Johnson & Johnson (JNJ) staked a foothold in the hot global influenza vaccine market with the acquisition of an 18 percent stake in Dutch biotech Crucell for $444 million. The companies also entered into a strategic collaboration through its Ortho-McNeil-Janssen Pharmaceuticals subsidiary focusing on the development and commercialization of monoclonal antibodies and vaccines that are effective against all strains of influenza. The first focus will be on the development of a universal monoclonal antibody product for the treatment and prevention of influenza. In August, Crucell received a National Institutes of Health contract, worth as much as $69 million, aimed at advancing the development of monoclonal antibodies for the treatment of seasonal and pandemic influenza. This funding will be used for Crucell's work in the J&J collaboration.
GlaxoSmithKline (GSK) also signed a vaccine deal, worth $2.2 billion over ten years, to supply its pneumococcal vaccine to Brazil at a significant discount to what it costs in Europe. Glaxo also agreed to match Brazil’s $51 million investment into an effort to develop a dengue fever vaccine.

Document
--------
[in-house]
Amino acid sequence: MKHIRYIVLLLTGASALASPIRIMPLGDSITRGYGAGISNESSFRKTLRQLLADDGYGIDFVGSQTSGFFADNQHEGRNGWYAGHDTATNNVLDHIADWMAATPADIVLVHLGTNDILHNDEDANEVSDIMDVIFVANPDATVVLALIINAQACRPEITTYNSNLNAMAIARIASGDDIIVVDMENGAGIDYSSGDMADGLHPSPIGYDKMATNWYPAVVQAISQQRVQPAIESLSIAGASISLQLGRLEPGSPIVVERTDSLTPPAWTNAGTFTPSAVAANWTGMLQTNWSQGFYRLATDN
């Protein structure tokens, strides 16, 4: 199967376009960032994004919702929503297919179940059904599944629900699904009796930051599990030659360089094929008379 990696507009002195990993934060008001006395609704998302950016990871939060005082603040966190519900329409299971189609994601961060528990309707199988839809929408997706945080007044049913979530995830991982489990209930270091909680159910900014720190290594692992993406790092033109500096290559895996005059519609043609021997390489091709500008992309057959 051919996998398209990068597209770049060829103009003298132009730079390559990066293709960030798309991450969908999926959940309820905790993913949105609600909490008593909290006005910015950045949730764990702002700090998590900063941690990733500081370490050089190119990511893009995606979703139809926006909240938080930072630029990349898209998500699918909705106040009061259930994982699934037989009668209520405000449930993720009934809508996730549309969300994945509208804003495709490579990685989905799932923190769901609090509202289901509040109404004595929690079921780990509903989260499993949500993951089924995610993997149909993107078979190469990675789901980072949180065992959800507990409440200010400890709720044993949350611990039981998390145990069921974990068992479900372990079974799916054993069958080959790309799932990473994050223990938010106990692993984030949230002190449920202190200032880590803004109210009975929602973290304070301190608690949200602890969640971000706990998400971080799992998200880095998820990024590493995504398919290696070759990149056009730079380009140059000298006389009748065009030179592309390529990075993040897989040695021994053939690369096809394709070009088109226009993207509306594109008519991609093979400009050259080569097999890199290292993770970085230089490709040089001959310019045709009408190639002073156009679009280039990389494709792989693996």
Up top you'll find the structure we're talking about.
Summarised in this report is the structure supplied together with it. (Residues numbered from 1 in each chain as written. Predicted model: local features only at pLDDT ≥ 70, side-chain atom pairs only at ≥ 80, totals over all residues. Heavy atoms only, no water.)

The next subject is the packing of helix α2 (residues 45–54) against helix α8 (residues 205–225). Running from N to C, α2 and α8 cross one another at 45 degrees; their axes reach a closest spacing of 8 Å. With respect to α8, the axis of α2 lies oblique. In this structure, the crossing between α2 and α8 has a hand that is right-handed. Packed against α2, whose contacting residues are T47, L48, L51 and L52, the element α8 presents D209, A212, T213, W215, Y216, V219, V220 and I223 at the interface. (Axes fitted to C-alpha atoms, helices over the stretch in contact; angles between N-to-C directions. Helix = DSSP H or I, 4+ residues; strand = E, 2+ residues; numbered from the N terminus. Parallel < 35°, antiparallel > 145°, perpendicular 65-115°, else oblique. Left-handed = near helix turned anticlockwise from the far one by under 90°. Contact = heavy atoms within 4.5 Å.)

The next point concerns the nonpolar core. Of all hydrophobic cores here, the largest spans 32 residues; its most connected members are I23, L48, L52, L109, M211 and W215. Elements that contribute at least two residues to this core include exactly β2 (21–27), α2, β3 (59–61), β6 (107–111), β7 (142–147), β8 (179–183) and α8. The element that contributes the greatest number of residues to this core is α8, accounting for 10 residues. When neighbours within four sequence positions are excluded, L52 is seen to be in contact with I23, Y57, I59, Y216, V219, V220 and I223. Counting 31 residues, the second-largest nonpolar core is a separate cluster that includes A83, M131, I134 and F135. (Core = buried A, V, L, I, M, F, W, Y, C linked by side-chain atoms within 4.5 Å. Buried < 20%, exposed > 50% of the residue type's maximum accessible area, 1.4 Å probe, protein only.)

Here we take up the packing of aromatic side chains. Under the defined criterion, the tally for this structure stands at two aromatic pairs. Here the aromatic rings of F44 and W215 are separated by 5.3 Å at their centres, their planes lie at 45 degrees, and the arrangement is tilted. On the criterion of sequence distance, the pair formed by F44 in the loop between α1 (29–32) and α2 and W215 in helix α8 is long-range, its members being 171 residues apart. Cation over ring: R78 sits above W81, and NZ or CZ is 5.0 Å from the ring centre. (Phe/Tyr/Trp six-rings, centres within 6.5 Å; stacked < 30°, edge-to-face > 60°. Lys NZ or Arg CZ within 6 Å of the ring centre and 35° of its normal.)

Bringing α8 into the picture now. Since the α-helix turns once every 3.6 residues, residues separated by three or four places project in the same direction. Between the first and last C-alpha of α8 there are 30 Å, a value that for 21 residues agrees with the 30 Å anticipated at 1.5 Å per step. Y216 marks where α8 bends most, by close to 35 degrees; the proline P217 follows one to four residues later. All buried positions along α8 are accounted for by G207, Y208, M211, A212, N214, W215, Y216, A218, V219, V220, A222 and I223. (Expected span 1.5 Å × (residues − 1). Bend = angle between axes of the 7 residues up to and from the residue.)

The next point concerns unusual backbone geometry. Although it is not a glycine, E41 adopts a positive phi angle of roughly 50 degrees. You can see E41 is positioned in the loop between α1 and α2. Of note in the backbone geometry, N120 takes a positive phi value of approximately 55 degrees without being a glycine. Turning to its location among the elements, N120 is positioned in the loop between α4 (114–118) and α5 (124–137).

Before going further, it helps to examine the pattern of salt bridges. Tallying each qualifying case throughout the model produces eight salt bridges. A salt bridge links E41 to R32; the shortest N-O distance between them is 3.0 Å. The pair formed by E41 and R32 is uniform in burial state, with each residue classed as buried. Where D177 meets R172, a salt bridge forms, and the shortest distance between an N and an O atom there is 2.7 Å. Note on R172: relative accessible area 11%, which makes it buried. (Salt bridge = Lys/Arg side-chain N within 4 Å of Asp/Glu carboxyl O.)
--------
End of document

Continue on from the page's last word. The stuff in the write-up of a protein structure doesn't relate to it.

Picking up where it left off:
Many small biotechs continue to struggle. Oscient Pharmaceuticals (OSCI) sold the rights for cholesterol drug Antara to India’s Lupin Pharmaceuticals for $38.6 million. Oscient had sued Lupin for patent infringement over the drug in January but bankruptcy has forced the company to offload the compound
Finally, biotech companies were part of the larger than expected U.S. job cuts occurring in September. At the end of the month, struggling molecular diagnostics company Decode Genetics announced that it was closing its Illinois facility and eliminating around 60 positions. Decode shares are in danger of being delisted from Nasdaq for failing to comply with the minimum bid price rule.